The product and properties are combined to create a finite element model of the virtual product sub-model 22. Although any suitable finite element software can be used for the modeling, the software package used herein is ABAQUS®/Explicit. The product sub-model 22 can account for multiple layers or components with specific functions (e.g., temporary storage, transport, non-wet feeling) or made from anisotropic materials (e.g., mechanical properties different in x, y and z directions). The product sub-model 22 can account for material properties for individual components vs. lumped aggregate product. Different material models are required for different components (vs. for example treating everything as a simple linear elastic). The product sub-model 22 can account for geometry based on design drawings or specifications and products that are often held in place by adjacent clothing structures. The product sub-model 22 can account for buckling behavior or plasticity that can lead to non-reversible or permanent deformation of the product (for example, once the diaper or pad is squeezed between thighs, it does not return to its initial shape). The product sub-model 22 can account for limited intrinsic drape or preset shaping patterns. Multiple fitting or deformation patterns are possible.
The computer-based virtual environment sub-model 24 of FIG. 1 describes the interactive elements of the environment that will participate in the virtual use model 30. The environment sub-model 24 includes information about typically simplified representation of the surroundings. Examples of environmental elements that can have an effect on deformation of the product during use include fluids, such as blood, urine, sweat, and other body exudates, external forces, such as from a car seat or a panty, temperature which can change mechanical behavior of elastic and gasketing components, and other environmental factors, such as clothing, a mother's hand, and/or a caregiver's habits. Additionally, packaging and storage conditions can dictate appropriate initial conditions for the simulation. One example of an environment item is a virtual panty sub-model used in the feminine pad embodiment. In order to improve the accuracy of the product sub-model 22, the virtual panty model is added to the product sub-model 22 to aid in application of the feminine pad to the wearer.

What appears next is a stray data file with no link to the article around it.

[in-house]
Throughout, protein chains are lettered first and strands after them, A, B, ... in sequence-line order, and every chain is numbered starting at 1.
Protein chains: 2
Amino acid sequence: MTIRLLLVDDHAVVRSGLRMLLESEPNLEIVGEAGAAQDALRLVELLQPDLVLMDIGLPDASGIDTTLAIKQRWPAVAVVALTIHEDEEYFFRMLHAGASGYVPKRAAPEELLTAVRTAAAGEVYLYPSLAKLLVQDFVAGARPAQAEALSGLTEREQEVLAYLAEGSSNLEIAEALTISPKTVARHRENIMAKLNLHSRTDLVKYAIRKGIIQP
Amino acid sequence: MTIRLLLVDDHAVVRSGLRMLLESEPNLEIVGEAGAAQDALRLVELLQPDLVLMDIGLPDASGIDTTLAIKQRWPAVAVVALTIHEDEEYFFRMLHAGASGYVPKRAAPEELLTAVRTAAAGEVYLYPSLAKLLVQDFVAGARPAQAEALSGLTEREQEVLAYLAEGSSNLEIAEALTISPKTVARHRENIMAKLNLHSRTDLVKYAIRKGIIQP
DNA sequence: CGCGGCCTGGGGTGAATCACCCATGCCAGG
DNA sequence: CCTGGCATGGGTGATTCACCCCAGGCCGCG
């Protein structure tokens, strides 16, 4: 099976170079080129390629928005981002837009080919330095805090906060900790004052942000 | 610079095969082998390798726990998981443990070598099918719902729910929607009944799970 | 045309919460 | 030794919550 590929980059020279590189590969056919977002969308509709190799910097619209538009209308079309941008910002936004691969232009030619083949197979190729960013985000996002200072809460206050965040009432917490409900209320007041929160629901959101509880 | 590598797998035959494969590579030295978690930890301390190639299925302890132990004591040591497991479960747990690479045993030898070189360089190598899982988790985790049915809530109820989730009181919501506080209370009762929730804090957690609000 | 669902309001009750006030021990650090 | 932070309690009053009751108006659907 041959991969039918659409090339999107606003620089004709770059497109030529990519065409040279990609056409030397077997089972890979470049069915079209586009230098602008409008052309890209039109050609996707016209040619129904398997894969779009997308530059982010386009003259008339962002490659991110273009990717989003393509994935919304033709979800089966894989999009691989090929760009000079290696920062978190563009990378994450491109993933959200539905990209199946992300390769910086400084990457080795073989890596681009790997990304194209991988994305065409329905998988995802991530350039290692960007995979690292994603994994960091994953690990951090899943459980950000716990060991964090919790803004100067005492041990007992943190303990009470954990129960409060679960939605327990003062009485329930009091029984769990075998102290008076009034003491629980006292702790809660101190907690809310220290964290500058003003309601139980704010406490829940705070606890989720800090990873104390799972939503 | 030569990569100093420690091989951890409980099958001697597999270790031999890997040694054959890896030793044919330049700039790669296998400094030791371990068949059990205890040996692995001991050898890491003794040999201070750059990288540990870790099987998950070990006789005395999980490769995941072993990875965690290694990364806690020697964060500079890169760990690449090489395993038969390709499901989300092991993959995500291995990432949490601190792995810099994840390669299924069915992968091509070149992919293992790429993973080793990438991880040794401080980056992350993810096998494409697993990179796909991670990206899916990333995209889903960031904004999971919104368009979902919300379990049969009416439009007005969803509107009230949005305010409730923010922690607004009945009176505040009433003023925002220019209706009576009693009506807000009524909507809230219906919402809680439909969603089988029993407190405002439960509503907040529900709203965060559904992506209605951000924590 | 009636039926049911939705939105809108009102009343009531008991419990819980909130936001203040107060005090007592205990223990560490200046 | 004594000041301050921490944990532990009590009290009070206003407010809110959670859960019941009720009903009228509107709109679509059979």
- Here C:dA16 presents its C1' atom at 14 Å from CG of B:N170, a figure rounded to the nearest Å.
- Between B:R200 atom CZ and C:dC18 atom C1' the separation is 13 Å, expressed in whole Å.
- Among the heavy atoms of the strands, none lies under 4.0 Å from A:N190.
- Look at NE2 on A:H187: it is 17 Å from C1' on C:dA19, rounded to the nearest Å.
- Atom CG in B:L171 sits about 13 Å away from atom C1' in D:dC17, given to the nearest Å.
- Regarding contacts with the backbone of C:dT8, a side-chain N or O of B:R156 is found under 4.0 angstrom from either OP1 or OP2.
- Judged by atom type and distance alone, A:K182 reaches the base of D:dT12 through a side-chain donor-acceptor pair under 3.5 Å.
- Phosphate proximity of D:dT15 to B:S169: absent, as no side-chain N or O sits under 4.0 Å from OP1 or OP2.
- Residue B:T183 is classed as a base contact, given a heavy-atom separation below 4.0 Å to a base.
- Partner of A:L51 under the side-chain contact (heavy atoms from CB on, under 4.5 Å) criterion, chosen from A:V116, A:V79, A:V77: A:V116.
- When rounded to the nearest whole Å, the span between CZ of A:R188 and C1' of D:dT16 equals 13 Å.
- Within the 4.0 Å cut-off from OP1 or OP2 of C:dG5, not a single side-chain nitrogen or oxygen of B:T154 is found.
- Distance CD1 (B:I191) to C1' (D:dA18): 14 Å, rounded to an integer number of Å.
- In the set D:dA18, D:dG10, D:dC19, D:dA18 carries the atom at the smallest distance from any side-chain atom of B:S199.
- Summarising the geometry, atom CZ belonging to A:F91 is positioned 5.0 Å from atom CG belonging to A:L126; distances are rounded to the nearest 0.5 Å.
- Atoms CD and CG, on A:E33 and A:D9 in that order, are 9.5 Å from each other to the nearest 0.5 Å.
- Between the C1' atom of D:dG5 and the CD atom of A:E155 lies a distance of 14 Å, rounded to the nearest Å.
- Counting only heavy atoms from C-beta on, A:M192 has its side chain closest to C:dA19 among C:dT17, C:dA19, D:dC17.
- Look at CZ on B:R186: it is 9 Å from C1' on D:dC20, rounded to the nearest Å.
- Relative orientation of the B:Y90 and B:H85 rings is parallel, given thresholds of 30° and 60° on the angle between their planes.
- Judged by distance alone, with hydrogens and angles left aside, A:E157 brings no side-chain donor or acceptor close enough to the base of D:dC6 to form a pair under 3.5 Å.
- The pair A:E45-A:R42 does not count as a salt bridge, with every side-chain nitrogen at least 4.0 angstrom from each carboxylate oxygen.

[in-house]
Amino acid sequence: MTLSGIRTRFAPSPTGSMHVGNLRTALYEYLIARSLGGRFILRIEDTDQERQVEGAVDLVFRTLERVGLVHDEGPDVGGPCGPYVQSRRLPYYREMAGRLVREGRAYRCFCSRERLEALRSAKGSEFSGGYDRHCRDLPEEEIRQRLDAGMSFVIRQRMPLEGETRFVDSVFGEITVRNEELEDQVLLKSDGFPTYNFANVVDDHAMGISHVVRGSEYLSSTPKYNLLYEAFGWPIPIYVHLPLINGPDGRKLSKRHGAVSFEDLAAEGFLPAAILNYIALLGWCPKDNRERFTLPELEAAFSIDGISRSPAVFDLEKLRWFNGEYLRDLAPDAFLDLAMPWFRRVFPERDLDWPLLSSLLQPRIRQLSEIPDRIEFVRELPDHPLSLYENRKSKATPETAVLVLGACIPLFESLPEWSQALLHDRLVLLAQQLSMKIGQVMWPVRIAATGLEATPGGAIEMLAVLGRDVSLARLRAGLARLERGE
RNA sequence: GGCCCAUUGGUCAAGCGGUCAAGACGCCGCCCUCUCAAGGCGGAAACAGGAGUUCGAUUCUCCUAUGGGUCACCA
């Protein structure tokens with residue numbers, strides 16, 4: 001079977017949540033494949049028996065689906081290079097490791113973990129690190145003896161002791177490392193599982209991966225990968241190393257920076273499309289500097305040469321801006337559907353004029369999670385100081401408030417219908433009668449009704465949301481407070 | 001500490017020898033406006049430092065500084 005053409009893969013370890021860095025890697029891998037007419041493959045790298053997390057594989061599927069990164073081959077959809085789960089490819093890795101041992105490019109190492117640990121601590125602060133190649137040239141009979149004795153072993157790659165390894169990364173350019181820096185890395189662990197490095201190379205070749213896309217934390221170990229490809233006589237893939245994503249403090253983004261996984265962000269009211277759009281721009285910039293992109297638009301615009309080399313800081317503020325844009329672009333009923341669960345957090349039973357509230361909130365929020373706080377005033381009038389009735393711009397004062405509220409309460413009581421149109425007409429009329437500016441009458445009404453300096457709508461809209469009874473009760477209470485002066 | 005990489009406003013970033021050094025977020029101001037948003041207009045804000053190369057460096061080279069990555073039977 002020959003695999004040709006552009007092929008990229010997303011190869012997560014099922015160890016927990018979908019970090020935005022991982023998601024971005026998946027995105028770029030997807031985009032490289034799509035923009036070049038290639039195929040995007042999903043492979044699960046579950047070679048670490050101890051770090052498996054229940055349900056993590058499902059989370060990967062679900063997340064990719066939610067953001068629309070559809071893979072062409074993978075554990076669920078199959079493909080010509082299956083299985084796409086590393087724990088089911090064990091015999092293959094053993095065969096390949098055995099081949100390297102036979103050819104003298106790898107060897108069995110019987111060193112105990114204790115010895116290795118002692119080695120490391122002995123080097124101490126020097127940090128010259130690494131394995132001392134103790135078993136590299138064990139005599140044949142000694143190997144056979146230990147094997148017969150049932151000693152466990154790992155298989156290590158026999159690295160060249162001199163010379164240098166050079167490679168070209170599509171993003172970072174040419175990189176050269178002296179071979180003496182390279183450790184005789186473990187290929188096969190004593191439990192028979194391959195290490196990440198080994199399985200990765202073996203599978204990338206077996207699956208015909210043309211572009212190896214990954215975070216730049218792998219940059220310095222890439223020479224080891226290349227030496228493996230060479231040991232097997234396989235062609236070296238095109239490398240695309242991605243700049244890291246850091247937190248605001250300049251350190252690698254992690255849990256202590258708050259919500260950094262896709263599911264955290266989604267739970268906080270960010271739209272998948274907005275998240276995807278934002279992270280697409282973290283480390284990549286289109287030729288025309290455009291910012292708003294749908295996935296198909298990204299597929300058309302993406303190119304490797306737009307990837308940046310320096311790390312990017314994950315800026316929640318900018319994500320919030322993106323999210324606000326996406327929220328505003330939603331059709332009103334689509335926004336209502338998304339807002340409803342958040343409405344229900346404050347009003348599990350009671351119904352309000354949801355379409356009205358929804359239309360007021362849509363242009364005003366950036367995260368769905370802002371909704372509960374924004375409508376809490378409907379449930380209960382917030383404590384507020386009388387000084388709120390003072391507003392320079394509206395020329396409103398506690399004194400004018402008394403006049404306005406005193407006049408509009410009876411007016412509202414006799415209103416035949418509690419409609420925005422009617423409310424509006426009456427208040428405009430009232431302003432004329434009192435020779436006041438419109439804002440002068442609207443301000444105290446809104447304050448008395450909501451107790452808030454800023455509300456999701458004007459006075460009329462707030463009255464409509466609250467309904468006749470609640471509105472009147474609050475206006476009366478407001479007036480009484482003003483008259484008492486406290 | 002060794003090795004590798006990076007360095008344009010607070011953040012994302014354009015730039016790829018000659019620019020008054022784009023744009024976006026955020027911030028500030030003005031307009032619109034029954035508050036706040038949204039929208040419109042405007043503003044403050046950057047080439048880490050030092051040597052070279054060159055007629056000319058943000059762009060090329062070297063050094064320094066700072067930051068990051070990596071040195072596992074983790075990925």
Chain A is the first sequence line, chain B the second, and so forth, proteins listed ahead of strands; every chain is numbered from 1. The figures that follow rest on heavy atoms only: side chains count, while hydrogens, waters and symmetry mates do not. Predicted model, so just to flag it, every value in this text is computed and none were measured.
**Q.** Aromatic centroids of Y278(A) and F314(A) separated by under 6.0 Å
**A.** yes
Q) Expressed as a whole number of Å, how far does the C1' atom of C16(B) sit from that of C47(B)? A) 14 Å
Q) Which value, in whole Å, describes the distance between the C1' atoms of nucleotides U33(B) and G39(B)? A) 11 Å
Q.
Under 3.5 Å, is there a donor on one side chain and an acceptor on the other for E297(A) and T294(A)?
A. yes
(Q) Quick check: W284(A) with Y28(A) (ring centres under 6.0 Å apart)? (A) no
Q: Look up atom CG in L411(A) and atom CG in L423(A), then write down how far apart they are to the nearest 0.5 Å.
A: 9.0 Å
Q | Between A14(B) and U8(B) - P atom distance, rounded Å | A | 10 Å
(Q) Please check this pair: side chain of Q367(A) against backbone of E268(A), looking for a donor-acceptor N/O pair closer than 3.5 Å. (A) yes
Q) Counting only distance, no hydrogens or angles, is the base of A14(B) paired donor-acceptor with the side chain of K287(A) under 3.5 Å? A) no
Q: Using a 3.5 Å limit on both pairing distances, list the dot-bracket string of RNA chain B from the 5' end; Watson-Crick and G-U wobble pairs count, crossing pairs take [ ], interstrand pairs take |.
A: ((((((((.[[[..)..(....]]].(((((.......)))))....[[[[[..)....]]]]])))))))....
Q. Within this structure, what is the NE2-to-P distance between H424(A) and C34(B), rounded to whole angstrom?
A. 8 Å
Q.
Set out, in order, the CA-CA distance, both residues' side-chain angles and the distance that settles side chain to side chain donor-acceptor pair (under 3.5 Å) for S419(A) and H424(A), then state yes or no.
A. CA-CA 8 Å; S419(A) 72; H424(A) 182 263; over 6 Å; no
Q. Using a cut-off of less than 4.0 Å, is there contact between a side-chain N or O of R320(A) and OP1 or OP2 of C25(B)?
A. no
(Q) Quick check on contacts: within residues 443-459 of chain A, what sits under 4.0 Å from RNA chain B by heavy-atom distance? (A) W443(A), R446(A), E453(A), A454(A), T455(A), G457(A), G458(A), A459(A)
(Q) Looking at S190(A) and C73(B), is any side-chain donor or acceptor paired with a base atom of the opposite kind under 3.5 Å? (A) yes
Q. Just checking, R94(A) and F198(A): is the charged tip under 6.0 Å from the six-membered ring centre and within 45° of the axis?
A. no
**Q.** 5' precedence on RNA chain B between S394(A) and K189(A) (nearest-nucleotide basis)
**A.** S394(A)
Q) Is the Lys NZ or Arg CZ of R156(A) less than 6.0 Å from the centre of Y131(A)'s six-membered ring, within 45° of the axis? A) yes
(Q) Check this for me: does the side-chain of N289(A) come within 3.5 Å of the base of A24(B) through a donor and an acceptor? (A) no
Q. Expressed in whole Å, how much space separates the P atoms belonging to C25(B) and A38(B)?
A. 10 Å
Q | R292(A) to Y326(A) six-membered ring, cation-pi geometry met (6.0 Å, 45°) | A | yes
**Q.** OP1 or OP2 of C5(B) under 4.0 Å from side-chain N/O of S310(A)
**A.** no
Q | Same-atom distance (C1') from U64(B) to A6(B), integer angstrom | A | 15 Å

As illustrated in FIG. 10, the virtual environment sub-model 24 includes an environment initial condition sub-model 90, a geometry sub-model 92, and an environment material sub-model 94. The environment initial condition sub-model 90 includes any specified condition that is present at a time selected as the beginning of the event to be modeled. Examples of such initial conditions are an initial velocity of a caregiver's hand, an ambient temperature, and/or components of the panty that are initially positioned separated from each other.